SAP SE has released a new survey showing senior business decision makers believe the unprecedented supply chain issues and disruptions that US companies have been grappling with for years are not over.
More than half (52%) of respondents believe their supply chain still needs major improvement, and nearly half (49%) expect current supply chain issues to persist into late 2022. One in three say the problems will continue until the end of summer 2023.
Findings are based on a survey of 400 U.S.-based senior logistics and supply chain strategy decision makers at small, medium and large companies conducted in late August and early September 2022. Here’s what they had to say.
The Impact of Global Unrest
Global political unrest is the main factor causing current supply chain problems. Business leaders say their current supply chain issues are primarily due to global political unrest (58%), raw material shortages (44%) and rising fuel and energy costs (40%). Only 31% named inflation as a key factor.
Looking ahead, the top three supply chain disruptions business leaders expect to see in 2023 are:
•Reduced availability of raw materials in the United States (50%)
•A slowdown in new home construction (44%)
•Disruption of public transport due to lack of drivers (44%)
Cost remains an issue
Costs remain an issue as companies catch up on lost revenue from the pandemic. Unprepared for the drastic changes in consumer buying behavior during the pandemic, businesses have felt the financial strain. About half of business leaders have seen the financial impact of supply chain issues since the pandemic began, including:
•A drop in revenue (58%)
•Necessity of new financing measures, e.g. B. Business loans (54%)
•Inability to pay employees (50%)
•Missed Rent Payments (42%)
To cover the additional costs of supply chain problems, more business leaders say they have had to implement wage or hiring freezes (61%) and downsizing (50%). Only 41% have chosen to increase the price of their product or service.
Another holiday season
The 2021 holiday shopping season has been anything but normal as supply chains have been stretched beyond their limits. Although many companies have started preparations, there are still questions about how this year will play out.
Let’s start with consumers. A separate SAP study of 1,000 US-based consumers found that nearly half (45%) say price is the most important factor they weigh when making purchasing decisions, and a whopping 73% say it’s one of the top three factors is. With the rising cost of inflation and a potential recession worrying consumers, it’s no surprise that 65% plan to cut their holiday spending budget. 54% expect inflation to affect their Christmas gift shopping, with 39% shopping more online.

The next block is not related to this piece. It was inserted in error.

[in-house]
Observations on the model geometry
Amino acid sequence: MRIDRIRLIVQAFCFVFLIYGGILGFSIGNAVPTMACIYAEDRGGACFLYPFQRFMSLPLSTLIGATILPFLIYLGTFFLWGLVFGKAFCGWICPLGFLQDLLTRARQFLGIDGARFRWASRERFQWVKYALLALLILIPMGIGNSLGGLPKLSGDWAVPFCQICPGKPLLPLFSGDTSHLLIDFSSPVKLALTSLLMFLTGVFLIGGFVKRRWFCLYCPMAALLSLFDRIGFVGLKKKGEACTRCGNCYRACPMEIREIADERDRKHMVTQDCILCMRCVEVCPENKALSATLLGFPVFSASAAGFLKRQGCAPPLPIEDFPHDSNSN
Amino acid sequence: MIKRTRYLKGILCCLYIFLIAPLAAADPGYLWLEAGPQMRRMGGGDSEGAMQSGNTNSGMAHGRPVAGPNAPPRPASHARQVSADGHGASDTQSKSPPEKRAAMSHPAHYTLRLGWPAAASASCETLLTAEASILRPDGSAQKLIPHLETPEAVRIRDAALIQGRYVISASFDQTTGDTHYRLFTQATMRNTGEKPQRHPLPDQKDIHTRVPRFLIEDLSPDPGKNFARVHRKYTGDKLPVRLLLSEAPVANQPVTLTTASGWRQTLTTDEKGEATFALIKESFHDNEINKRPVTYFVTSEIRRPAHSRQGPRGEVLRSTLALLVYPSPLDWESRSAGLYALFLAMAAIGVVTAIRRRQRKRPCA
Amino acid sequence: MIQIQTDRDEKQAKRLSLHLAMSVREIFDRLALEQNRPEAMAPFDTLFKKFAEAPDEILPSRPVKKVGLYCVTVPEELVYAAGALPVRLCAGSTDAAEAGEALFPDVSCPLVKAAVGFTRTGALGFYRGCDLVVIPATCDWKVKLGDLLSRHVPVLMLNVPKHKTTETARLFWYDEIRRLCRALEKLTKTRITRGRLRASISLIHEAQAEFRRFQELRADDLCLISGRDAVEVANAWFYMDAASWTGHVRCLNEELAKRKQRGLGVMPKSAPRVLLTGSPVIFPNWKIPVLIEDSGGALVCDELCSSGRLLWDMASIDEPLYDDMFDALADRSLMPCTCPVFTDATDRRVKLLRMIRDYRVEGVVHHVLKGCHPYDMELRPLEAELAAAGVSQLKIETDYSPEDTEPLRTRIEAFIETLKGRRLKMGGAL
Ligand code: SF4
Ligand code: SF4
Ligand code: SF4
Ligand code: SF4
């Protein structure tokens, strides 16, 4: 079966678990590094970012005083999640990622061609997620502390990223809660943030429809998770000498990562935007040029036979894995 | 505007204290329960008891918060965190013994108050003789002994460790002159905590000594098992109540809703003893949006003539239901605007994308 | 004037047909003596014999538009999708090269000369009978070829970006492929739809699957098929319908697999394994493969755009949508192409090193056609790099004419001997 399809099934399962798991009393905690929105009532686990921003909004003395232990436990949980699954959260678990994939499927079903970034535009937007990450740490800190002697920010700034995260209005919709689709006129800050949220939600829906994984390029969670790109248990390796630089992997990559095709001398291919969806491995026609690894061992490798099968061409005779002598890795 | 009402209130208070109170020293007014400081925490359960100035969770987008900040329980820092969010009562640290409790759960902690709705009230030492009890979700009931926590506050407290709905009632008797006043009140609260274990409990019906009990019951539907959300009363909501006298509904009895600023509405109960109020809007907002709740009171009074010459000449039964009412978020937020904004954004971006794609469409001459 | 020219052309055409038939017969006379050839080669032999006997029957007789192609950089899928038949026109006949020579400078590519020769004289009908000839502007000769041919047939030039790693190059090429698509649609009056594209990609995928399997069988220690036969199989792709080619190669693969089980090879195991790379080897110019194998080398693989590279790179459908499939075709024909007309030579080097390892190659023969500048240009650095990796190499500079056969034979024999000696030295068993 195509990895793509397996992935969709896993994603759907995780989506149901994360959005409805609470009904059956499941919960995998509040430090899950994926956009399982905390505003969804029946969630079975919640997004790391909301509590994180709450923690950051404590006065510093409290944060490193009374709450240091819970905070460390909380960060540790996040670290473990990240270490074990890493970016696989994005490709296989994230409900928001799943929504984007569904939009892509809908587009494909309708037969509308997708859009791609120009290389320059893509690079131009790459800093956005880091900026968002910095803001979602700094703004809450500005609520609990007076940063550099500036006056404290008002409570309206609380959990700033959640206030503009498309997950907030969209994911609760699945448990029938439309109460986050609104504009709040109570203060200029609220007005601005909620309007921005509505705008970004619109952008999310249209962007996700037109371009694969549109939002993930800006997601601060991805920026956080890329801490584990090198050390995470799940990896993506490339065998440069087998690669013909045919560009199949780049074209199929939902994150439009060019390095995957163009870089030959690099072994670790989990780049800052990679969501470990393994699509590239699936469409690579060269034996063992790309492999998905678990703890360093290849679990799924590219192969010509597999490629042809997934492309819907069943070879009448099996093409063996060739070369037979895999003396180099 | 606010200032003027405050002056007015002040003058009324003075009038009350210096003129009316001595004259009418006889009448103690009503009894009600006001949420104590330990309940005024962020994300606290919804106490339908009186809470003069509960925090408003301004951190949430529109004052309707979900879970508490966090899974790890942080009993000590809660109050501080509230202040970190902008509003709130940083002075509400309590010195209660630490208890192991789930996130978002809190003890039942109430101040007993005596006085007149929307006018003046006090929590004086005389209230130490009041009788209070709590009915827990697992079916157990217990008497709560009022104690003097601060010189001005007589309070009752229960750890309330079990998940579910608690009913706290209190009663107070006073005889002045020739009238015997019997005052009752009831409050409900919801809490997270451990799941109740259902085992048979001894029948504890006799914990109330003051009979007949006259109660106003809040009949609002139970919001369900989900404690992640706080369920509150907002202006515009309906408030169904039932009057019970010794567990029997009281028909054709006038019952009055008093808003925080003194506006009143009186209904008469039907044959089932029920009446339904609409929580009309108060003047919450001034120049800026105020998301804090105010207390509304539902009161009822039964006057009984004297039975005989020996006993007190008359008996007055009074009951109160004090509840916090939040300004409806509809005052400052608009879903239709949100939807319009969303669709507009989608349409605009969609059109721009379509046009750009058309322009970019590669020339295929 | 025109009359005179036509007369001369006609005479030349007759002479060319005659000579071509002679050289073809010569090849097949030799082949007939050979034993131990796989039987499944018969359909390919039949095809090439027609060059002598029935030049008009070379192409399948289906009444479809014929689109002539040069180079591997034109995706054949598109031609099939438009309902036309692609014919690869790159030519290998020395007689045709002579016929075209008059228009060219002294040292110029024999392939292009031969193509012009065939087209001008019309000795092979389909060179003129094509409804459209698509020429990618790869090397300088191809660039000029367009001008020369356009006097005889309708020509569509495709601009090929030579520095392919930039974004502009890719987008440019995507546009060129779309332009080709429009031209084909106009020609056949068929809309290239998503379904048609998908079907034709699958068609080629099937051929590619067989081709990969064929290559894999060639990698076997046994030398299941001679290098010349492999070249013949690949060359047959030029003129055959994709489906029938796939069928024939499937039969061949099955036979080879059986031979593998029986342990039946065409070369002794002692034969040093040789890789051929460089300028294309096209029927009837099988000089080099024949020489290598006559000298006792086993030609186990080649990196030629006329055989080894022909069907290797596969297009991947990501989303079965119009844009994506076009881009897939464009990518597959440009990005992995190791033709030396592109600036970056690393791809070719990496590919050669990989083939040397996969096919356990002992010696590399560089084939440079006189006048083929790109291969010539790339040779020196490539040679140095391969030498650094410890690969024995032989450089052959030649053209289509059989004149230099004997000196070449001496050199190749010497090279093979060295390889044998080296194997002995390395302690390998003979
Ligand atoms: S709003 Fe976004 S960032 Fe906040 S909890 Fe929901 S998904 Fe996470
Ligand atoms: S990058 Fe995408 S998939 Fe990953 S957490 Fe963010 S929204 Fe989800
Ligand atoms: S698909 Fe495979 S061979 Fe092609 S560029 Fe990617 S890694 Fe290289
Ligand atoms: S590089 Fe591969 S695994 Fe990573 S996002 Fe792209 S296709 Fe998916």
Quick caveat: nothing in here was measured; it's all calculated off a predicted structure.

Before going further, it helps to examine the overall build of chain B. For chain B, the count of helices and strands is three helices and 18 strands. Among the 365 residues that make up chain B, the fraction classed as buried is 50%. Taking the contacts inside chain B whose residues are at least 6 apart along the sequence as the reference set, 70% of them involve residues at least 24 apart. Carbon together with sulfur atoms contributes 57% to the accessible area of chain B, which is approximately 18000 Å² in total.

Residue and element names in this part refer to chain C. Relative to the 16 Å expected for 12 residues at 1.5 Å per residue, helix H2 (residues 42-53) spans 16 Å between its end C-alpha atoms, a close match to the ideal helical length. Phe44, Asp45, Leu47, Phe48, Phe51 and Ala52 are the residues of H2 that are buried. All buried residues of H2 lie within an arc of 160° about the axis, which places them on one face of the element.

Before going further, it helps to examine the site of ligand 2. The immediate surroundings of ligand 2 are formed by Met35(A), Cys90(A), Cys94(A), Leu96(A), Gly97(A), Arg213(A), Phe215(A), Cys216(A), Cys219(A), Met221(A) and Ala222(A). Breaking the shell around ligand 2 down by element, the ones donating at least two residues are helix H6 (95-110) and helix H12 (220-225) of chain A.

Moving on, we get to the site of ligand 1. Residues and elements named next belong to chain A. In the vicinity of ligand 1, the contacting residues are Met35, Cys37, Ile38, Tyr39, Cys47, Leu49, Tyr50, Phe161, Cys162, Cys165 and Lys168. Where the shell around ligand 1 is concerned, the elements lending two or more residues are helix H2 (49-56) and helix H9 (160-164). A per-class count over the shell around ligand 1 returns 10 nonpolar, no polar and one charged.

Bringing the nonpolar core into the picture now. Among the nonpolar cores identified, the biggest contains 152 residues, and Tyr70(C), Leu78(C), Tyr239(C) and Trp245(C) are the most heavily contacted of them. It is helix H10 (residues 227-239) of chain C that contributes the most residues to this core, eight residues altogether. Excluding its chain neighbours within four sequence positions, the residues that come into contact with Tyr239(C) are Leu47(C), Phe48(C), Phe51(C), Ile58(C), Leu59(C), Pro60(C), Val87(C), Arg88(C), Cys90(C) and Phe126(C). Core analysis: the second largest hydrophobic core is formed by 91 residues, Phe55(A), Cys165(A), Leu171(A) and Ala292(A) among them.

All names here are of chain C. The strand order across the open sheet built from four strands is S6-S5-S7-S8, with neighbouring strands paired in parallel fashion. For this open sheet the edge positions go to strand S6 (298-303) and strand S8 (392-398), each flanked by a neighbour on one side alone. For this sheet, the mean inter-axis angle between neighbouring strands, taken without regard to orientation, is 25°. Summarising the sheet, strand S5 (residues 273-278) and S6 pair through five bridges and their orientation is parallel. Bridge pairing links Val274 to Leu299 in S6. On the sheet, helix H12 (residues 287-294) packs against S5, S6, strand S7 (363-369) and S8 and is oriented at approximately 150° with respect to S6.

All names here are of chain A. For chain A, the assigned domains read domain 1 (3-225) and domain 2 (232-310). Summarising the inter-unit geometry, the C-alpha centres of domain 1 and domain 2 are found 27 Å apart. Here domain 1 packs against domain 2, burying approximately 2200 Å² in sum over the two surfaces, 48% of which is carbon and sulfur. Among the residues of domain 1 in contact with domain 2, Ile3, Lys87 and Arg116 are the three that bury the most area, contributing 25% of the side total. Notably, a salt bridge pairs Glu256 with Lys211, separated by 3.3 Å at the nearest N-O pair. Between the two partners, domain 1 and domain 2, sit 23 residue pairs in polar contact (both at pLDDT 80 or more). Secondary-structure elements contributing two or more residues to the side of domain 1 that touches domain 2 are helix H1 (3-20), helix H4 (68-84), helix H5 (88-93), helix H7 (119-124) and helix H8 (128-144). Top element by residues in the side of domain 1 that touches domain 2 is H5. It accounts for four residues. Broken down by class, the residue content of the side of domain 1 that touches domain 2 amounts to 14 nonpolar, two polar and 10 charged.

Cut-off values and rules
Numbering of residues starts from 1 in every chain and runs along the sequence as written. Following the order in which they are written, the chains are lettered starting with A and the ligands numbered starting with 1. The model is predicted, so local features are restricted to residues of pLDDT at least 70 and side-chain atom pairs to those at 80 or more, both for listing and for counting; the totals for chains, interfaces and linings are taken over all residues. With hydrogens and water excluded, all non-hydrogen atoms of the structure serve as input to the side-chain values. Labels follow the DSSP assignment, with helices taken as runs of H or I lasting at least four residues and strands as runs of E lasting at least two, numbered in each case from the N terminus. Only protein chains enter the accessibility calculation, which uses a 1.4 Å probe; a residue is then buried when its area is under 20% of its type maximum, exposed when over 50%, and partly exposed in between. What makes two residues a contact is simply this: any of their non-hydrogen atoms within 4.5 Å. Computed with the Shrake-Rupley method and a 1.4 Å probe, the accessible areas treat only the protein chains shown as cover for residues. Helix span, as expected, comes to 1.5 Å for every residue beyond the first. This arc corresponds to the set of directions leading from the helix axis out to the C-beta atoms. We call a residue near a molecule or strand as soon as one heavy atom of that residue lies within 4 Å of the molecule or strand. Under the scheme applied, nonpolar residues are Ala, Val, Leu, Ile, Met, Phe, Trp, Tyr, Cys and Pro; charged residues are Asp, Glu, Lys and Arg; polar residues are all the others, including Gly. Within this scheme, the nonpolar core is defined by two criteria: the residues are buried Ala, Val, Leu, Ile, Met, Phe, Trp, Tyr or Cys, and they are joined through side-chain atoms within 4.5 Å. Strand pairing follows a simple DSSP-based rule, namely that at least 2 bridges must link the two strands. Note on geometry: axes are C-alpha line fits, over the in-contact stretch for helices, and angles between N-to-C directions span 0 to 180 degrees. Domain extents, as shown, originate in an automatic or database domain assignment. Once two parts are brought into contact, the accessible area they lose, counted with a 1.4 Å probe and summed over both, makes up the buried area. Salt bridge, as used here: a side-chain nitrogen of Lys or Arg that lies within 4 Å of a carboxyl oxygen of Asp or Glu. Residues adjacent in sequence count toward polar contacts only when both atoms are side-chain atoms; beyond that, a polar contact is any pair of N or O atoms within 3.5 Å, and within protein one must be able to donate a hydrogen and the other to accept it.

Executives anticipate the online shopping trend, with 73% expecting a year-over-year increase in e-commerce volume this season. To sell their own products, business leaders plan to meet these differentiators:
•Delivery speed (64%)
•Excellent customer service (57%)
•Availability of products (52%)
•Proof of sustainability (47%)
•Price reductions (42%)
•Made in the USA (38%)
Supply chains need to be improved
Every company said their supply chain needs some improvement and they are making big changes to prepare for future disruptions and strengthen their supply chains. Business leaders plan:
•Use new technologies to overcome challenges (74%)
•Implement new emergency response (67%)
•Prioritize supply chain solutions in the US (60%)
•Find new green supply chain solutions (58%)
Nearly two in three companies (64%) are transitioning from a just-in-time supply chain to a just-in-case supply chain by increasing inventory levels. In fact, 63% think the United States should take this approach to overcome potential supply chain crises this year.
“Moving to just-in-case means companies will stock more inventory to meet customer demand, but it also means higher costs,” said Scott Russell, member of the SAP SE Executive Board, Customer Success.
“Supply chain management is a constant balancing act. In recent decades, the “just-in-time” approach has traded resiliency for efficiency and lower costs, which in turn has left the supply chain vulnerable. The pandemic and the snowball effect of related disruptions have exposed this fragility, causing organizations to refocus on resilience. Still, cost remains a factor, especially in the current economic environment. Technology can help organizations find the right balance by enabling more real-time collaboration between trading partners,” added Russell.